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Business Intelligence vs Data Mining – a comparative study

Business Intelligence vs Data Mining – a comparative study

The business technology arena has witnessed major transformations in the present decade. The surge in the utilization of mobile software and cloud services has forged a new type of relationship between IT and business processes. Terminologies such as business intelligence, big data, and data mining constitute important elements of this shift. These terms often carry almost similar meanings, and users end up being confused in such cases. To get a transparent picture of the difference between BI and Data Mining, it’s essential that we thoroughly understand both the terms separately.

BI reaches beyond the scope of data collection and crunching, to identify the companies which can benefit from big data and data mining. BI includes the business processes and data analysis techniques which help collating enterprise data. Data scientists leverage BI tools to generate, aggregate, analyze, and visualize data, which in turn help businesses take better decisions.

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On the other hand, data mining specialists work with large data sets to identify insightful trends and patterns. Data analysts often end up overlooking key parameters that could help their companies excel, due to the information overload. The process essentially entails deriving answers to issues you didn’t know you were looking for beforehand. The definitions to these techniques hardly differentiate them, but practical applications of the same gives us a more vivid picture.

Defining Business Intelligence in the present era

Business Intelligence is a vast discipline

Business Intelligence transcends beyond the scope of data, to delve into aspects such as the actual use of insights generated by business leaders. The banner of BI spans across data generation, data aggregation, data analysis, and data visualization techniques, which facilitate business management. In other words, BI entails several processes and procedures to support data collection, sharing, and reporting for better decision-making.

In recent years, tools have replaced most of the BI staff, who traditionally furnished reports and graphs to support decision making process. These tools enable business users to generate their own reports and visualizations, and share the same with colleagues. The widespread use of these tools has given rise to an enterprise culture, referred to as self-service BI.

Moreover, organizations use BI to improve decision making, reduce expenses, and identify new business opportunities. The term BI goes beyond the scope of corporate reporting. CEOs often use BI tools to find inefficient business processes, which could be re-engineered.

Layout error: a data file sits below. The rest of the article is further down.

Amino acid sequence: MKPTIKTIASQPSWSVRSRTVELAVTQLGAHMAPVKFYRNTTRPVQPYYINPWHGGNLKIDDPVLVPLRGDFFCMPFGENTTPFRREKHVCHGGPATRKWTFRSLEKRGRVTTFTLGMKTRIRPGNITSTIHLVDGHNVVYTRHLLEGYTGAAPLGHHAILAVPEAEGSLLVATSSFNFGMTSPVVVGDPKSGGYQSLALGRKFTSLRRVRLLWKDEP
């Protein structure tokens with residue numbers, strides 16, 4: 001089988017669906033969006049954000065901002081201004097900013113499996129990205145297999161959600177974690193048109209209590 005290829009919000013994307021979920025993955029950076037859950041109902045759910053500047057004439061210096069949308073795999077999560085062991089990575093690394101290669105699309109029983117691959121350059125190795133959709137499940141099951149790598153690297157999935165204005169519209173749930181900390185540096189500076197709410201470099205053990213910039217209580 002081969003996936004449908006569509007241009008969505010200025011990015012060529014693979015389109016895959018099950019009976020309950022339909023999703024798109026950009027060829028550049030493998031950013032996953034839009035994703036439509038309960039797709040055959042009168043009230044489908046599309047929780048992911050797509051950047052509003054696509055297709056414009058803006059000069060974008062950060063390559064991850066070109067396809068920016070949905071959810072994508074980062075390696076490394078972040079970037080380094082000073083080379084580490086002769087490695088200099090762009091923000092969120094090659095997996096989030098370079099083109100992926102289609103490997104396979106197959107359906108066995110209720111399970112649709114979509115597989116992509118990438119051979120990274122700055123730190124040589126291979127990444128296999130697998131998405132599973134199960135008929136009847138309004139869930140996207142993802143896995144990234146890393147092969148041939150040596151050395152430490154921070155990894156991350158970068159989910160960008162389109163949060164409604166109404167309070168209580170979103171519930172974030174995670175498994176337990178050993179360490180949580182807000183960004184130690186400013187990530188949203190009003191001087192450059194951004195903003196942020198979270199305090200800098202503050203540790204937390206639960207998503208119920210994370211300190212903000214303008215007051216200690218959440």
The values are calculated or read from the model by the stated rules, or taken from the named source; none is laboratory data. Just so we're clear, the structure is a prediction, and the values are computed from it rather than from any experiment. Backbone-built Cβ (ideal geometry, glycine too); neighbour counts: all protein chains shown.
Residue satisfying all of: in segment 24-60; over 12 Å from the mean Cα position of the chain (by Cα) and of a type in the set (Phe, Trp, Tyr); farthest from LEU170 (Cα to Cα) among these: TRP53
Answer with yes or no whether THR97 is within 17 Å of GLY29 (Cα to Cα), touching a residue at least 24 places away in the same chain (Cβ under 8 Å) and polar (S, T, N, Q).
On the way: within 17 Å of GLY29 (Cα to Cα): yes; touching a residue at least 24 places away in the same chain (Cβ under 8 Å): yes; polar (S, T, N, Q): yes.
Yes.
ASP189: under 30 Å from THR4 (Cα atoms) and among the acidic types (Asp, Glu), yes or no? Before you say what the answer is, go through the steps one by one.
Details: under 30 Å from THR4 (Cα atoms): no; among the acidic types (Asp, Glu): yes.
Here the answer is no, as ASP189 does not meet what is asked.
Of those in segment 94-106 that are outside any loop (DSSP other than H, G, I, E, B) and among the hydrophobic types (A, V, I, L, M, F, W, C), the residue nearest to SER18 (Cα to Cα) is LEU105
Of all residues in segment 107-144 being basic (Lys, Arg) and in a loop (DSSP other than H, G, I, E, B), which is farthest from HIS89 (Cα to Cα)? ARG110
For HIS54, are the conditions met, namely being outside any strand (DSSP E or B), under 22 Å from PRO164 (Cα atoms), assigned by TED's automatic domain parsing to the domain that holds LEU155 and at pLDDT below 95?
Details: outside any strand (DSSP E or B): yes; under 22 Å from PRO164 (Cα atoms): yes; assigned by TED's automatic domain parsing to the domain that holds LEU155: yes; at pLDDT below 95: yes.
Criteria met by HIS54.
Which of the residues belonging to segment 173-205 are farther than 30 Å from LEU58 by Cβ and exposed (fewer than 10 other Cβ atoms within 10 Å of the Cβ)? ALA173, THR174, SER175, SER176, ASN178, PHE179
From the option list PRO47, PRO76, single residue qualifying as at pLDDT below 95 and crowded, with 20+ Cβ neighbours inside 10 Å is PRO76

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Comprehending Data Mining as a technology

Data Mining

It is almost impossible to ascertain that a user didn’t overlook an important piece of data during the analysis phase. This missed detail might hold key information to improving performance. Data Mining comes handy in such a scenario, allowing users to sift through all the data, in an objective to identify previously unrecognized patterns. Enterprises are strictly focusing these days on hiring data scientists, and experts in statistics and computer science to identify the hidden actionable information.

Data mining software are built to allow users to analyze data from different dimensions or angles, categorize it, and summarize the relationships as identified. Enterprises leverage robust computers to browse through copious volumes of data or analyze market research reports for years. The accuracy of analysis has increased significantly over the years owing to the innovations in computer processing power, disk storage, and statistical software. This has simultaneously driven down the cost of implementing data mining techniques.

Some key aspects differentiating BI and Data Mining:

  •         Virtue of the solution: BI is volumetric in nature and involves monitoring performance of KPIs. On the other hand, data mining utilizes scientific methodology and algorithms to discover data patterns and behaviors. Besides, it helps identify management blind spots and furnishes intense case-by-case statistical analysis.
  •         Style of analysis: BI reflects only upon past data in small or large scale. The system doesn’t showcase any intelligence, and only the management professionals can interpret the information for better decision making. Data mining technique relies on computational intelligence to discover relevant business factors on small scale. This technique entails that management professionals work closely with data analysts.
  •         Results expected: BI provides dashboards with consolidated views of the KPIs in graphics and charts, while data mining furnishes reports with recommendations for strategic decision making.
  •         Focus of the approach: BI strictly helps in monitoring indicators such as price, value, temperature, total cost, etc. Data mining, on the other hand, identifies data patterns, creating new analysis indicators for BI.
  •         Volume of Data: BI techniques usually introduce large datasets; however, they are limited to the processing of relational databases. Data mining involves smaller datasets, accompanying higher data processing expenses.
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